It started as a simple question: “What are people your age passionate about?”
I paused. It was a good question, but one that I didn’t have an answer for.
“Football?” I joked.
As football season is in full swing, some 20 million people are glued to the TV watching their favorite teams on any given week. The yelling, the screaming, the happiness, and the celebration of our favorite teams can all be described in one word: passion.
When I think about the passions of people around me, I think of sports. I think of pursuing the American dream. I think of holiday shopping, wedding planning, online dating. I think of things, not people.
Passion isn’t just something you feel. Your passions are part of you and the things you care about. Few would answer the question, “what are you passionate about?” with “football.” We all want to have a deeper meaning to our lives. We want to have a purpose to our passions. But would others recognize what you are passionate about? What things or people are worthy of passion? What does passion mean anyway? Let’s go way back to the twelfth century, where the word passion was birthed.
The word passion holds a deep meaning and one that I think we’ve lost connection to. Upon doing a quick Google search of the word, you’ll find the word passion was first used to describe “the suffering, the hurt, and the enduring pain” people experienced when they died for a cause they believed in. Few things in life are more powerful than loss of life. We know the sting of death and loss all too well. The word passion was created to describe “our strongest emotions and desires.”
While we can relate to the disappointment and celebration of sports, I’d like to challenge us. I’d like our passions to go deeper. You may choose to be passionate about football, Starbucks, your latest shopping spree, etc.… But I know few people who would suffer, hurt, or endure pain for anything on that list.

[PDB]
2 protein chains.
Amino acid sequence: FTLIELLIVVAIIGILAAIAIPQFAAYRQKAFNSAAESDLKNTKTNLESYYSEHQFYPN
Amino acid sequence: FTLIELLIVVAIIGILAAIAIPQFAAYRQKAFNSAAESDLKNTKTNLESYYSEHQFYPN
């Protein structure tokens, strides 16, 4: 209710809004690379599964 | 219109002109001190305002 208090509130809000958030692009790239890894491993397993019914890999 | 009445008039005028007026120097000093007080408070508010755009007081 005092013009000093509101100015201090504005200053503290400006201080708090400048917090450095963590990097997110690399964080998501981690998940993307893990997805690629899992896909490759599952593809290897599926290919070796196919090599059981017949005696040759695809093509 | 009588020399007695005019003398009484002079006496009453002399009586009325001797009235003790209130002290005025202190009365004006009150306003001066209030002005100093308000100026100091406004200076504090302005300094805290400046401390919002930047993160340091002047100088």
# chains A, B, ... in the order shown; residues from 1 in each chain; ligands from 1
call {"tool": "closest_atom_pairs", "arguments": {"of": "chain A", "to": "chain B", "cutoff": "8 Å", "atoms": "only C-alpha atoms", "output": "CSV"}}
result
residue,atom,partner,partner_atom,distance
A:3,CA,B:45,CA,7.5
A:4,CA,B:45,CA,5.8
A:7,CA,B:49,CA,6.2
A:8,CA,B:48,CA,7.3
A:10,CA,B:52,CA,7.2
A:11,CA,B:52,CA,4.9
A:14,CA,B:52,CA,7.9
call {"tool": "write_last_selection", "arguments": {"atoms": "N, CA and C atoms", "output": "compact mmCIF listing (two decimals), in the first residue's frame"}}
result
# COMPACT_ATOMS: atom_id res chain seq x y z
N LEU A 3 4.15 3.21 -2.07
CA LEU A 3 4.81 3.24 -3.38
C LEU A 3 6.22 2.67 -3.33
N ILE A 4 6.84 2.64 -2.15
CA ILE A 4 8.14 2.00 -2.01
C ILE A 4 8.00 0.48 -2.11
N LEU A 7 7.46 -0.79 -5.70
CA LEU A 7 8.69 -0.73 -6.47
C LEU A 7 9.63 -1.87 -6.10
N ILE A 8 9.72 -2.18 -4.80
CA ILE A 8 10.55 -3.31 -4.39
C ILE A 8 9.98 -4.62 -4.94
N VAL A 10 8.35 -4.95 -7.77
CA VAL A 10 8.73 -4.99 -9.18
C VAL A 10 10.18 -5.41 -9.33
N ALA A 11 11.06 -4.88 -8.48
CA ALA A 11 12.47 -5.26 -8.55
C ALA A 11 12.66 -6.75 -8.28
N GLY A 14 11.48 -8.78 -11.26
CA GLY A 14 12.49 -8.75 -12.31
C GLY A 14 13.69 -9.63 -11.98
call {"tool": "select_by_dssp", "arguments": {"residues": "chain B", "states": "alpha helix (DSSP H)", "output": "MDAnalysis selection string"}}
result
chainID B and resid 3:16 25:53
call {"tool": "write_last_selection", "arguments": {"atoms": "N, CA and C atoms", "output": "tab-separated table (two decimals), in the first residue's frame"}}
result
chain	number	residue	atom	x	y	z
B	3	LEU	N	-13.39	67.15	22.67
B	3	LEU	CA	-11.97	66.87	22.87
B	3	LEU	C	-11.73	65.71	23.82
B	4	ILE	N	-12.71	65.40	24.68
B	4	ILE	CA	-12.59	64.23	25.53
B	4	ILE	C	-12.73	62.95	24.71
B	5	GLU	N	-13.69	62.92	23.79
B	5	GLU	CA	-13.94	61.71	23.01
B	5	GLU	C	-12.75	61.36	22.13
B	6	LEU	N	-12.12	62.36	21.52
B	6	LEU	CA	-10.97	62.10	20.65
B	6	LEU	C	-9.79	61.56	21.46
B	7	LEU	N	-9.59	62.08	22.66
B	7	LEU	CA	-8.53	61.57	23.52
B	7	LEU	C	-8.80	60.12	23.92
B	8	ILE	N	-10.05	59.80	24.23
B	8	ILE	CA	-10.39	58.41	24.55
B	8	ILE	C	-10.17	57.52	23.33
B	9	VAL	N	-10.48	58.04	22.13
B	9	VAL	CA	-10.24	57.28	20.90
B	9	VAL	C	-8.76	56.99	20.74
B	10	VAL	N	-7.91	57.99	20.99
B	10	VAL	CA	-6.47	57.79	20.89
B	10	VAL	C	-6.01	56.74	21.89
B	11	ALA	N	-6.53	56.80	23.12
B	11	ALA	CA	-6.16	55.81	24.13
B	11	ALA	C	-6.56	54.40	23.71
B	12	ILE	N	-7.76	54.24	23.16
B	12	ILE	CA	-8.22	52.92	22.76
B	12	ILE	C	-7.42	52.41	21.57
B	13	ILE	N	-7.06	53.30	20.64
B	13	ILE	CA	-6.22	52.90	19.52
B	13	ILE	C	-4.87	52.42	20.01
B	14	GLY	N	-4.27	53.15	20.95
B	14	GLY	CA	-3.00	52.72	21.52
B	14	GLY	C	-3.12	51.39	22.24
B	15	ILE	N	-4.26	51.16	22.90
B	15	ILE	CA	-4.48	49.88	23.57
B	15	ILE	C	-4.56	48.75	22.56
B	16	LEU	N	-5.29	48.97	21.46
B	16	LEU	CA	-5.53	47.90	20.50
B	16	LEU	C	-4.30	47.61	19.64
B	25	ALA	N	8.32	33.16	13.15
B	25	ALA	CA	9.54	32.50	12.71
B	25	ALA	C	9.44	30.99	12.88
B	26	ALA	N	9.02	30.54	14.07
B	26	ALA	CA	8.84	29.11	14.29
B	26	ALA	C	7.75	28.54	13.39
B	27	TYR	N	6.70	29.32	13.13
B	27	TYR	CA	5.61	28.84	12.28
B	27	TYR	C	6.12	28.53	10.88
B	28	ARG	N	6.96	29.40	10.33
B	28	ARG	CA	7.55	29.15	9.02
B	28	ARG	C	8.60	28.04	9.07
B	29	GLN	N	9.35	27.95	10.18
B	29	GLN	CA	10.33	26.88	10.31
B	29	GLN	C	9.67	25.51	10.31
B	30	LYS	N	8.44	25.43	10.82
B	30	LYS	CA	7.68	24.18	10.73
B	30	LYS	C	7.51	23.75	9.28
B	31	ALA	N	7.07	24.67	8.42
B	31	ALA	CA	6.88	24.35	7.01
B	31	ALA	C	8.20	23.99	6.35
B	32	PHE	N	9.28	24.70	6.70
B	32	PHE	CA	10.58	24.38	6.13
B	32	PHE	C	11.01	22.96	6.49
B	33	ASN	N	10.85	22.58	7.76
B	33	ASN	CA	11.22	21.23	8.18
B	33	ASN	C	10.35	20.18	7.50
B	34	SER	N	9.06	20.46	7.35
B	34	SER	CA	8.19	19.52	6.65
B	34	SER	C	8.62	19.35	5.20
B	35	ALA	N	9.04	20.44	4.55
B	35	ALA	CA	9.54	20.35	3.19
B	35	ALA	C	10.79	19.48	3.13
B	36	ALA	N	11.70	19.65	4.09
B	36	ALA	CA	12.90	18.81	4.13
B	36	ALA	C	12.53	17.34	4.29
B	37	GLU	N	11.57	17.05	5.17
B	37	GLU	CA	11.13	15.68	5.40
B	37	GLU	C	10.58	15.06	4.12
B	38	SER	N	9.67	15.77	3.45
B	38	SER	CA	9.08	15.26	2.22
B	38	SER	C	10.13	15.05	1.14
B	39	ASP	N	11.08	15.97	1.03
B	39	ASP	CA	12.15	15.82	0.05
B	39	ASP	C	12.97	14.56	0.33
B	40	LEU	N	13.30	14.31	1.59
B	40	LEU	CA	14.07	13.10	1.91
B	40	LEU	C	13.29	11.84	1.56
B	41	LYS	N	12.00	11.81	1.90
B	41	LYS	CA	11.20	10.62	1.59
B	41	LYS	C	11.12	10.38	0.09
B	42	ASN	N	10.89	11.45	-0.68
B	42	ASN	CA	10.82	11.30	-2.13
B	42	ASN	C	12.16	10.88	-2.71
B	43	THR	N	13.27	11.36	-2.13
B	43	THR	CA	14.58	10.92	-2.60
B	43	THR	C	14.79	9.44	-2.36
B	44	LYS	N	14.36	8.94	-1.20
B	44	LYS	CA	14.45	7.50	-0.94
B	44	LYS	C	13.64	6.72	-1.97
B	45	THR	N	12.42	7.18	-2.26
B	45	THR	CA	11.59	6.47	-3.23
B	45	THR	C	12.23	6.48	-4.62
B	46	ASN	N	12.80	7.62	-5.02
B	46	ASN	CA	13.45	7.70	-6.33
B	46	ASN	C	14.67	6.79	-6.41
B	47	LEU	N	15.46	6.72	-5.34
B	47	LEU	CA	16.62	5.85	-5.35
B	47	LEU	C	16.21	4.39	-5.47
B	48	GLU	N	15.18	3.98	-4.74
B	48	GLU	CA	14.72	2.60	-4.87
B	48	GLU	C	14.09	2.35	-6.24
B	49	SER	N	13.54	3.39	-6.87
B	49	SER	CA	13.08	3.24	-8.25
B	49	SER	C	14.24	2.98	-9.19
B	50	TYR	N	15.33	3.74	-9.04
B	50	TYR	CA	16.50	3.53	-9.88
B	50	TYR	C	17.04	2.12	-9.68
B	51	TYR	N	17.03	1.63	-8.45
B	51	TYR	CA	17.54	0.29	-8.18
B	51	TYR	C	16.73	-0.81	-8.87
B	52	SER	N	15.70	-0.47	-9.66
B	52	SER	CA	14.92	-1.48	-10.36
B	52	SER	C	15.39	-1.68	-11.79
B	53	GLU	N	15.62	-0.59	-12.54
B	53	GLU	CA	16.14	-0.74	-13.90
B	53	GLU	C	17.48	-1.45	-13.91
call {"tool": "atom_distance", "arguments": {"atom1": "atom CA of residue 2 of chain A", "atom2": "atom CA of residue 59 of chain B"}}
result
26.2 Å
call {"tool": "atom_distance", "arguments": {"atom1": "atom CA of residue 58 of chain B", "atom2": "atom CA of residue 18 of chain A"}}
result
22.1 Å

What if, at the end of the day, we were only passionate about people? What if we endured suffering and hurt with others? What if we reserved our strongest emotions and desires for people, not things?
Football is a great pastime, a great sport, but it’s not worthy of our strongest passion.
What if we weren’t just aware of child trafficking and exploitation? What if we were passionate about ending it?
What does it look like to endure and walk alongside the suffering of children who’ve been sexually abused?
It looks a lot like Love146.
Love146 works internationally in Asia, Europe, and North America to not only care for survivors of child trafficking but also to prevent trafficking from even occurring in the first place.
Our passion can be found in the schools of Houston equipping youth to recognize recruitment tactics, understand vulnerabilities, and develop skills to safely navigate potential and existing exploitative situations.
Our passion can be seen in the U.K. as we train foster families to care and house trafficked youth and provide resources to youth who need a safe place to stay.
Our passion is evident in the way we care for boys and girls who have been trafficked in the Philippines as we partner with them for the long-haul, love them with an everlasting love and provide a safe place where children can be children.
Love146 endures, suffers, and hurts alongside the kids we work with. We never “close a case.” We never say, “your suffering is too much.” We lean in; we seek those who are in need; we love, passionately.
Passion isn’t easy. We cry, we sweat, we endure, we hope, we overcome, but at the end of the day, we love–it’s in our name.
Love146 is passionate about ending child trafficking and exploitation, and we hope you are too.
We are all capable of finding a purpose for our passion. Now it’s time to find yours.